Rethinking School Choice: Limits of the Market Metaphor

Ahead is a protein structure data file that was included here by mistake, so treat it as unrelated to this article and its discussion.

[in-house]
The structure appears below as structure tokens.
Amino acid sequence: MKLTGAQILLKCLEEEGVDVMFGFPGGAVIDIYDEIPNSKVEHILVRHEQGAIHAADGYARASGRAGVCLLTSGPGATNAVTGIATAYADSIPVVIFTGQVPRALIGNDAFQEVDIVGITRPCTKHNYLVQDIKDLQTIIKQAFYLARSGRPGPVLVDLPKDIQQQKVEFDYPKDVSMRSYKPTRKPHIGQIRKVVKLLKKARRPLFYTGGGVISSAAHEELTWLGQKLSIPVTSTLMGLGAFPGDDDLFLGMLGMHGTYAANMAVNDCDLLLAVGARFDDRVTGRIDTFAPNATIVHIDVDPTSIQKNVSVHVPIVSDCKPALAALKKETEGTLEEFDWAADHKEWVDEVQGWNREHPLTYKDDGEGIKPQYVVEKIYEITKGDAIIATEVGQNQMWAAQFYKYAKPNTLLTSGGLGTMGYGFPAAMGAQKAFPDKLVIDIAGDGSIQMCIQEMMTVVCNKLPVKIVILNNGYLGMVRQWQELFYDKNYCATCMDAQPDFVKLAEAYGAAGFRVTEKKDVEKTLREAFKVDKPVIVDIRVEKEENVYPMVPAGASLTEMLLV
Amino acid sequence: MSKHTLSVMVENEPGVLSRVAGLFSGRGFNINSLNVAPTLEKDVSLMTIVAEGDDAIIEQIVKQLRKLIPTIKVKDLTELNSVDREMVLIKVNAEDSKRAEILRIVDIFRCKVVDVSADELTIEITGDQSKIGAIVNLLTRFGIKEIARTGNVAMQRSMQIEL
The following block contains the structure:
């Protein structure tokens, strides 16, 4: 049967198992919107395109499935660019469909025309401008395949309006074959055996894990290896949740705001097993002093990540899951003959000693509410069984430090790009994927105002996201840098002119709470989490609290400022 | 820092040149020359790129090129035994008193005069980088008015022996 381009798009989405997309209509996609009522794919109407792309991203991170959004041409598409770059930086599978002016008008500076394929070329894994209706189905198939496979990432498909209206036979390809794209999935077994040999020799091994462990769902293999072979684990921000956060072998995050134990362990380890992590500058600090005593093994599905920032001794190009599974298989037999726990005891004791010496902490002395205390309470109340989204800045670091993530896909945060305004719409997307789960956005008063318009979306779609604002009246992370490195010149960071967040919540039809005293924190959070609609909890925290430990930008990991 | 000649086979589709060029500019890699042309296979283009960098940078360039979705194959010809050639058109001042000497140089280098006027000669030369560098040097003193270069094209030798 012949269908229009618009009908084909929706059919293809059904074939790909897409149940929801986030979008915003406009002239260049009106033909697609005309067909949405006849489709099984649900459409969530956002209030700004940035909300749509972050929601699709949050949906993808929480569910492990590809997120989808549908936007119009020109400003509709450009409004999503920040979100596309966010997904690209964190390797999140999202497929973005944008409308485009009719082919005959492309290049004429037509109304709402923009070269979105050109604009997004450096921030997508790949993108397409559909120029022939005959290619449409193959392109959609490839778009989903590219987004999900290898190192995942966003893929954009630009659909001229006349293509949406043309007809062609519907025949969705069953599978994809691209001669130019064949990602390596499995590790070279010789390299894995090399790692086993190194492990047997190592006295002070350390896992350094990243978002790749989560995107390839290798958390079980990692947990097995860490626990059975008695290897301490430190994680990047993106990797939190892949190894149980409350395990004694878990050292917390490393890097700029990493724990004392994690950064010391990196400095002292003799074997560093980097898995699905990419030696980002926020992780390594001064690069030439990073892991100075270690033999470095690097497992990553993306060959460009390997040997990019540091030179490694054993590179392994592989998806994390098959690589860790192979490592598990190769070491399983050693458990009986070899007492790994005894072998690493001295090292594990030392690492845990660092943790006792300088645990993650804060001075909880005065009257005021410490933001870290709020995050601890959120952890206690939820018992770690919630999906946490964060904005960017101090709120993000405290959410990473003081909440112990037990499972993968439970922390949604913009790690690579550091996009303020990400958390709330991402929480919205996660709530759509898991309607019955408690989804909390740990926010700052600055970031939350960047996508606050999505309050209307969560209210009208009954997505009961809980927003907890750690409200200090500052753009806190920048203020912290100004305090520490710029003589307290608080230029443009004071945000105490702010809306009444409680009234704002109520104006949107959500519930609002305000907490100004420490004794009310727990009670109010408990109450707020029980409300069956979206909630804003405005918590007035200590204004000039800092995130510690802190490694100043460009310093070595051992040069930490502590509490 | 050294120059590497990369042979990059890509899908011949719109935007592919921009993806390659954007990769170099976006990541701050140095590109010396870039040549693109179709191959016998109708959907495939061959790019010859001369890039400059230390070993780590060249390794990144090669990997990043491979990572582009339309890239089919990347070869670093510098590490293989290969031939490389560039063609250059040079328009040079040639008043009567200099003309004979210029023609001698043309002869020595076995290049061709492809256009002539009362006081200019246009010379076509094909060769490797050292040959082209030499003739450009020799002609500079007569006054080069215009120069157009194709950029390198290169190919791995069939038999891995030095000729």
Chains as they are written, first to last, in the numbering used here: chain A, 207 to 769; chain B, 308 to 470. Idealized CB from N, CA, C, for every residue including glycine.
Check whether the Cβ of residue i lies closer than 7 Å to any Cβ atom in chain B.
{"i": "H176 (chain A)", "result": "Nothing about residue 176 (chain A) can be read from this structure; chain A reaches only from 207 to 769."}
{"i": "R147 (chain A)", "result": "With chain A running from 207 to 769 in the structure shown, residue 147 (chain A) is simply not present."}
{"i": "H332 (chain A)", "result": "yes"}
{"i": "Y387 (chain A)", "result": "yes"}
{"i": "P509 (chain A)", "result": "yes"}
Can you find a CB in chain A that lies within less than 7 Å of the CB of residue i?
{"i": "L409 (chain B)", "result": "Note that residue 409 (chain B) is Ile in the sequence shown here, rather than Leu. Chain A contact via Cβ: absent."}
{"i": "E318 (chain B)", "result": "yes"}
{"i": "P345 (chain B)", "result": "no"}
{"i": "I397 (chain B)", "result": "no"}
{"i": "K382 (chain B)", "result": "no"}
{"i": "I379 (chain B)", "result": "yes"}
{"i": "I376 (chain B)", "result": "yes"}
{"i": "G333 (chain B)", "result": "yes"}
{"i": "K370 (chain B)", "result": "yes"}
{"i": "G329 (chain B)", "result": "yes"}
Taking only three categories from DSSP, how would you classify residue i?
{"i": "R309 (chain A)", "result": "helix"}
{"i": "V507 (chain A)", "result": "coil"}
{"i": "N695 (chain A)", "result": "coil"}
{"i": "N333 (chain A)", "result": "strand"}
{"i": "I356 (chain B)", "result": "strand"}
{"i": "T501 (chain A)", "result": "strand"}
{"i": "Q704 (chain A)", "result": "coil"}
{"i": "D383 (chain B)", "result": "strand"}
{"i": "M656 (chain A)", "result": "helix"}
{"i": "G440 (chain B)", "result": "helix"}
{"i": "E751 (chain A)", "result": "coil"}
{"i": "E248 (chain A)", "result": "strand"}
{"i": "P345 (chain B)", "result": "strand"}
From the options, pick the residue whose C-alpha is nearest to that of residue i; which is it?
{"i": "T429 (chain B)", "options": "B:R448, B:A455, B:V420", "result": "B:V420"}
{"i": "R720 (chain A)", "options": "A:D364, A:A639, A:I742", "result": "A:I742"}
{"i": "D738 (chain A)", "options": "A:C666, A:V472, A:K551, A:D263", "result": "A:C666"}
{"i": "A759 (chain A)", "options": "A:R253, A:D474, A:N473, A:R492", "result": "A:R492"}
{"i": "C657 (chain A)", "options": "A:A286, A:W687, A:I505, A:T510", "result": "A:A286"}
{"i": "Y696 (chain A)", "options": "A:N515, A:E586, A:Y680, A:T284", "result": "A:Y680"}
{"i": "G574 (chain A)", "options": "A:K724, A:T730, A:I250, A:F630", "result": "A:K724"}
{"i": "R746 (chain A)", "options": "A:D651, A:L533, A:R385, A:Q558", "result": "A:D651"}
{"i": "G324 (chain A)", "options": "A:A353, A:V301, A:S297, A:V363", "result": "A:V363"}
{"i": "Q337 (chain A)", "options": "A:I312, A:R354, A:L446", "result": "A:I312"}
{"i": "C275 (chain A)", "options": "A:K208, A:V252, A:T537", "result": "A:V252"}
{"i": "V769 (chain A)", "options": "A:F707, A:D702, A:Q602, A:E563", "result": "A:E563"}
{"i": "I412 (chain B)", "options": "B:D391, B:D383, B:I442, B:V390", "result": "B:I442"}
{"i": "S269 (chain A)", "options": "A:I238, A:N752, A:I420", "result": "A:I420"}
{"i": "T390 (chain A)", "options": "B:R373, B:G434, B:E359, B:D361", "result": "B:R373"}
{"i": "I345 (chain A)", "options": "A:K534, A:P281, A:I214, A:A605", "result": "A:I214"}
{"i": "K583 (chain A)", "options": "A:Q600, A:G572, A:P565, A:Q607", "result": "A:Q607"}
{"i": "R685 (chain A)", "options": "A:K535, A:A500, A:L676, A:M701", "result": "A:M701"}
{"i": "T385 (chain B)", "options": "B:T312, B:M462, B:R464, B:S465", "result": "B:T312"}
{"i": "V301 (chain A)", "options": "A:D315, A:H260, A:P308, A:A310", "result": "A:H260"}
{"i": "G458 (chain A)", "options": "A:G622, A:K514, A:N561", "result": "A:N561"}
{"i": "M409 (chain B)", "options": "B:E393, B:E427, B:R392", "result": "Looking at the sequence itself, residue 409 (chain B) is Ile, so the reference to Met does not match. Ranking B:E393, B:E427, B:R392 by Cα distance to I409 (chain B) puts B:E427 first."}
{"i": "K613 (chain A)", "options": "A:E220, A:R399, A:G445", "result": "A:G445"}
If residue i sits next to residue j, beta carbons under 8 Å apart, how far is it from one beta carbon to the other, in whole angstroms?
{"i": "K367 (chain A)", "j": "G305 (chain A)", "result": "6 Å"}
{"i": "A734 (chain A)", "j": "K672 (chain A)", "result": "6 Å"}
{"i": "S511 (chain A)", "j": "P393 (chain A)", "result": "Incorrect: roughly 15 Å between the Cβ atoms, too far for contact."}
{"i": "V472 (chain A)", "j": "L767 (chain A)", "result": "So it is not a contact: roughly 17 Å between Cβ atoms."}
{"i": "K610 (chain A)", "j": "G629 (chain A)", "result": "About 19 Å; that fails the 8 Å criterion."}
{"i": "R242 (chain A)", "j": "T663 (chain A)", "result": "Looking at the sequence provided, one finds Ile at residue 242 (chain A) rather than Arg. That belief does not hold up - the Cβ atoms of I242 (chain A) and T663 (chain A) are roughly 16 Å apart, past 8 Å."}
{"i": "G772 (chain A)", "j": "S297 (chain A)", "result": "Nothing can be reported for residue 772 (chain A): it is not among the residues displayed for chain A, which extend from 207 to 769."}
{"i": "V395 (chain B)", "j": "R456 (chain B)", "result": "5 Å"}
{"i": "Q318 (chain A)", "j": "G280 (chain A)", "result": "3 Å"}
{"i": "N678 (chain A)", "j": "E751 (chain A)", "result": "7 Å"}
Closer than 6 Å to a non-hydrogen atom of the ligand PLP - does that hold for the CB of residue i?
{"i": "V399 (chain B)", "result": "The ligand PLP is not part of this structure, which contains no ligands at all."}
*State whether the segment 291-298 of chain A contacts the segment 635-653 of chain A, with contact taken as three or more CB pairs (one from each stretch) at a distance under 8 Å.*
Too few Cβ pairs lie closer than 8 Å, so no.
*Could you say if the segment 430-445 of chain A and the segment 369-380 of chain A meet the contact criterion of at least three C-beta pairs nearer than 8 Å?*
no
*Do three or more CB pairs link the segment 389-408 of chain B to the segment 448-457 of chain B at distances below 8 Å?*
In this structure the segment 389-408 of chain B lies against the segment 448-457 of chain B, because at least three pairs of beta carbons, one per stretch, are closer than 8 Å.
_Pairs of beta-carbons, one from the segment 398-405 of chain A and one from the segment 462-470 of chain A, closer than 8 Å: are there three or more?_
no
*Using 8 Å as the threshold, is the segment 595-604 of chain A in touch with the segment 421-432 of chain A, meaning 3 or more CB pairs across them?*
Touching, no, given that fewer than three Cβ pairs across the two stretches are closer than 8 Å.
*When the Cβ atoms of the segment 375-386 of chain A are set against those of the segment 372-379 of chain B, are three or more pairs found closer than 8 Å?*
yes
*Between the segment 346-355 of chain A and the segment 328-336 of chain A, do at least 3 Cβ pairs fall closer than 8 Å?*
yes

Advocates of school vouchers and other choice proposals couch their arguments in the fashionable language of economic theory. Choice initiatives at ... Show synopsis Advocates of school vouchers and other choice proposals couch their arguments in the fashionable language of economic theory. Choice initiatives at all levels of government have succeeded, it is claimed, because they shift responsibility for education reform from government to market forces. This timely book disputes the appropriateness of the market metaphor as a guide to education policy. Engaging the debate on the levels both of empirical analysis and democratic theory, Jeffrey R. Henig traces the evolution of school choice as an idea and in practice. Its legacy, he observes, is a mixed one. Sometimes it has been a vehicle for racial and economic segregation, with divisive and corrosive effects. Where school choice has worked, the record shows, it has depended less on the magic of the market than on an elusive combination of strong political leadership, resolute governmental commitment, supportive coalitions of private interests, and a willingness on all sides to challenge parochial gain in the name of the larger social good. The real danger in market-based choice proposals, Henig argues, is not that they might allow some children to attend private schools at public expenses, but that they tend to crowd out the public forums that must flourish if questions of national policy are to be democratically resolved. Rather than concentrating on the comparative merits of private and public institutions as service-delivery mechanisms, the urgent need in the years ahead will be to focus on their relative advantages in promoting deliberation, debate, and decision-making.